I asked Rick about the feedback he received from viewers. The response was 100 percent positive, he noted. But one letter still finds a warm spot in his memory. The writer shared with Rick the extent of his cardiac problems. According to the man’s physicians, life was to offer little more than a sedentary existence with television watching seemingly the main activity. It was fortunate that he did turn on the TV and happened onto Rick’s programs. If this guy can do it, I certainly can, the heart patient figured. The man is now actively carving and has garnered at least one first-prize ribbon at a competition.

chipcarvingRick continued to write, penning a step-by-step series for Stackpole Books devoted to woodland creatures, warblers, Santas, and American eagles. The upstate area of New York state he and Ellen still make home lent inspiration and reference for much of the material in these volumes. Rick developed a love affair with the warblers of the area and translated these Easter-egg-colorful wildfowl into wood. The local fauna of the region, which includes chipmunks, river otters, and red foxes, also made its way into a volume. The clean-to-the-molecules mountain air, filled with the delicious scent of coniferous trees, resonates in another book with projects that include Adirondack Santa and his bear.

Whether it’s been a made-for-television presentation or a book, Rick has had a clear purpose in mind: Present woodcarving in a non-threatening way. “Hey, that’s easy. I can do it!” viewers and readers have exclaimed when carving a Rick Bütz nautical eagle or an impressionistic warbler. I count myself among the thousands who voiced those very words.

hikingForty years after he started carving, Rick now works for the Veterans Administration, helping people with health concerns. It wasn’t much of a stretch to pursue a career in that field. Woodcarving has offered mental, physical, and emotional therapy to countless numbers of people, Rick points out. Yes, he still carves, although that’s mainly reserved for weekends, and he conducts several classes a year. Somehow he’s found time to work on a novel devoted to the Great Chicago Fire of 1871, fleshing out the “mystery and intrigue” of the horrific event, and expects to have it finished this year. Despite the career change—which had been a goal set years ago, Rick plans to return to carving fulltime in the future. In the meantime, he’s minting fresh ideas and projects for that inevitability. I anxiously await the results.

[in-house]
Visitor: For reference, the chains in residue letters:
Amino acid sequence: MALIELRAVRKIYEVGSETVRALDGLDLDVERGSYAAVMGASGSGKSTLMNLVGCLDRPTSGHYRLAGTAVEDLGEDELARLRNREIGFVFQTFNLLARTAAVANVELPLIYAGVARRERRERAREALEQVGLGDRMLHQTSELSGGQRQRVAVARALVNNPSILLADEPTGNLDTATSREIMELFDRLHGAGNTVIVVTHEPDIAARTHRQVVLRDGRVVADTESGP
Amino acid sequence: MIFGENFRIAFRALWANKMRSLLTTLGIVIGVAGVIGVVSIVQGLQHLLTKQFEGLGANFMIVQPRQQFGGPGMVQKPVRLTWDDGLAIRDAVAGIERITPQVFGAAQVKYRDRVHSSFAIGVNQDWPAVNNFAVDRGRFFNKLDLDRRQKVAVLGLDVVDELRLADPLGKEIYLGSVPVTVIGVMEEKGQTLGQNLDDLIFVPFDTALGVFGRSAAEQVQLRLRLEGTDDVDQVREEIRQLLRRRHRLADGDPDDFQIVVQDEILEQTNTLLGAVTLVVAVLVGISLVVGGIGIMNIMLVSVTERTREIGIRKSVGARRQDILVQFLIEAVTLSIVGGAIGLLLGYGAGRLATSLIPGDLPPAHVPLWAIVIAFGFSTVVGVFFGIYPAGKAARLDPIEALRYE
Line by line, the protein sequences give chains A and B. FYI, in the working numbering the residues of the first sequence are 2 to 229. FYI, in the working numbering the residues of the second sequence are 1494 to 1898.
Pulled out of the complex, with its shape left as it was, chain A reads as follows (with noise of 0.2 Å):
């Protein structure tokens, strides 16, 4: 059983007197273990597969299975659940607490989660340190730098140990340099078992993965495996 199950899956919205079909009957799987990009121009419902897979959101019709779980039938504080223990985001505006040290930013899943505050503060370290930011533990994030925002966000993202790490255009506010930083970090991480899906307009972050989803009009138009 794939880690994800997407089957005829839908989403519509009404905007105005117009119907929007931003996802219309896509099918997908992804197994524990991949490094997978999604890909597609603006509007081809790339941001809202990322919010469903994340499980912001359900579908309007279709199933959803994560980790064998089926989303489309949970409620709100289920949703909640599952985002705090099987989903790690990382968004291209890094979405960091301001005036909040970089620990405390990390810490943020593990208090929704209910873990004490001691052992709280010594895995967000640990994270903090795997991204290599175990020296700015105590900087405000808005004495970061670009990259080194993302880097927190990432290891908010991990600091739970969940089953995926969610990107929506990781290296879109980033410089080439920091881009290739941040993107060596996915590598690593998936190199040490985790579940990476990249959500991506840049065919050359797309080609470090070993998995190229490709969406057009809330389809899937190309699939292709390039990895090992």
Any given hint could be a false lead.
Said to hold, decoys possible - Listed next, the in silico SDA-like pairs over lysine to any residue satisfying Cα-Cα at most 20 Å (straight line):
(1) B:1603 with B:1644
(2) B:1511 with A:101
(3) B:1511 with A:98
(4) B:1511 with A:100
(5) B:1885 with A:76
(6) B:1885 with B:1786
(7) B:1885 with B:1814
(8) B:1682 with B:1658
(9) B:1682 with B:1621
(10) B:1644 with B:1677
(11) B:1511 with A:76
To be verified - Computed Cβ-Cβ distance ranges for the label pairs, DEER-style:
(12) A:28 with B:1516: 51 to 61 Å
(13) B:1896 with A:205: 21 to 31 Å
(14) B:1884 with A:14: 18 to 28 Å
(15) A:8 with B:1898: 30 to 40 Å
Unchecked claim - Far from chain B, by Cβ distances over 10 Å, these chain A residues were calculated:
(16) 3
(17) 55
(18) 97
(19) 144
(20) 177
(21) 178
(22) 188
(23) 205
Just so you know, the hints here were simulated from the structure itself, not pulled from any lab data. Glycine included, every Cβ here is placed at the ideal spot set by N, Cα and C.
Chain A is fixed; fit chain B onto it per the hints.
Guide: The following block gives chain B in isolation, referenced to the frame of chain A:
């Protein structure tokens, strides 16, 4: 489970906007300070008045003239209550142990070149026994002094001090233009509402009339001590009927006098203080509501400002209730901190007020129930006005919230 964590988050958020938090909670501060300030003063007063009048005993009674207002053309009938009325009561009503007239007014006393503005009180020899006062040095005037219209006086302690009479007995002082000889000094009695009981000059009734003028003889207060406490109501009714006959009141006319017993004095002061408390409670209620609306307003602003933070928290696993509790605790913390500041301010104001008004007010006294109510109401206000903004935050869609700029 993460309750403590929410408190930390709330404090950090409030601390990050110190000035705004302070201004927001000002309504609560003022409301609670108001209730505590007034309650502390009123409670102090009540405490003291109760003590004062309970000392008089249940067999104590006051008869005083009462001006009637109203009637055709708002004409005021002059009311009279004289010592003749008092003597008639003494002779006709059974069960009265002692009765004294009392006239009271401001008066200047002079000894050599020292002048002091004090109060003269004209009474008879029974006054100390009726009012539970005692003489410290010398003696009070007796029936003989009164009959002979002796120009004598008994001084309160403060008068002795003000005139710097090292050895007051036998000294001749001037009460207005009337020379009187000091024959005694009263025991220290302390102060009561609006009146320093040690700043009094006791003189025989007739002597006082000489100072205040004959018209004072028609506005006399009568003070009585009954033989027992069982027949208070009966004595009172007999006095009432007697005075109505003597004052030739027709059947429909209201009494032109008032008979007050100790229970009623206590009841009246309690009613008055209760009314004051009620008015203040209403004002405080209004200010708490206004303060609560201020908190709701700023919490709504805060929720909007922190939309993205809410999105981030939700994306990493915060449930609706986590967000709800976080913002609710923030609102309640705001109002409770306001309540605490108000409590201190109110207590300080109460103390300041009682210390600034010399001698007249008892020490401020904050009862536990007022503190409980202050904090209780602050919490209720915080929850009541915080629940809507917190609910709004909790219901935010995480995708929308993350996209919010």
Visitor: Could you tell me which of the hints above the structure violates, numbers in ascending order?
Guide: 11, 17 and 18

armsAs the fourth recipient of this award, his plaque states: Wood Carving Illustrated 2004 Woodcarver of the Year Award Presented To Rick Bütz. Through his craftsmanship and artistry, his expertise as an instructor, his contributions to publications and other media, and his promotion of woodcarving, Rick has earned respect and praise from the carving community.

The staff at Wood Carving Illustrated and Fox Chapel Publishing wishes Rick many more years of artistic and personal accomplishments.

CLICK HERE to visit Rick Butz’s website.

CLICK HERE to purchase books by Rick Butz.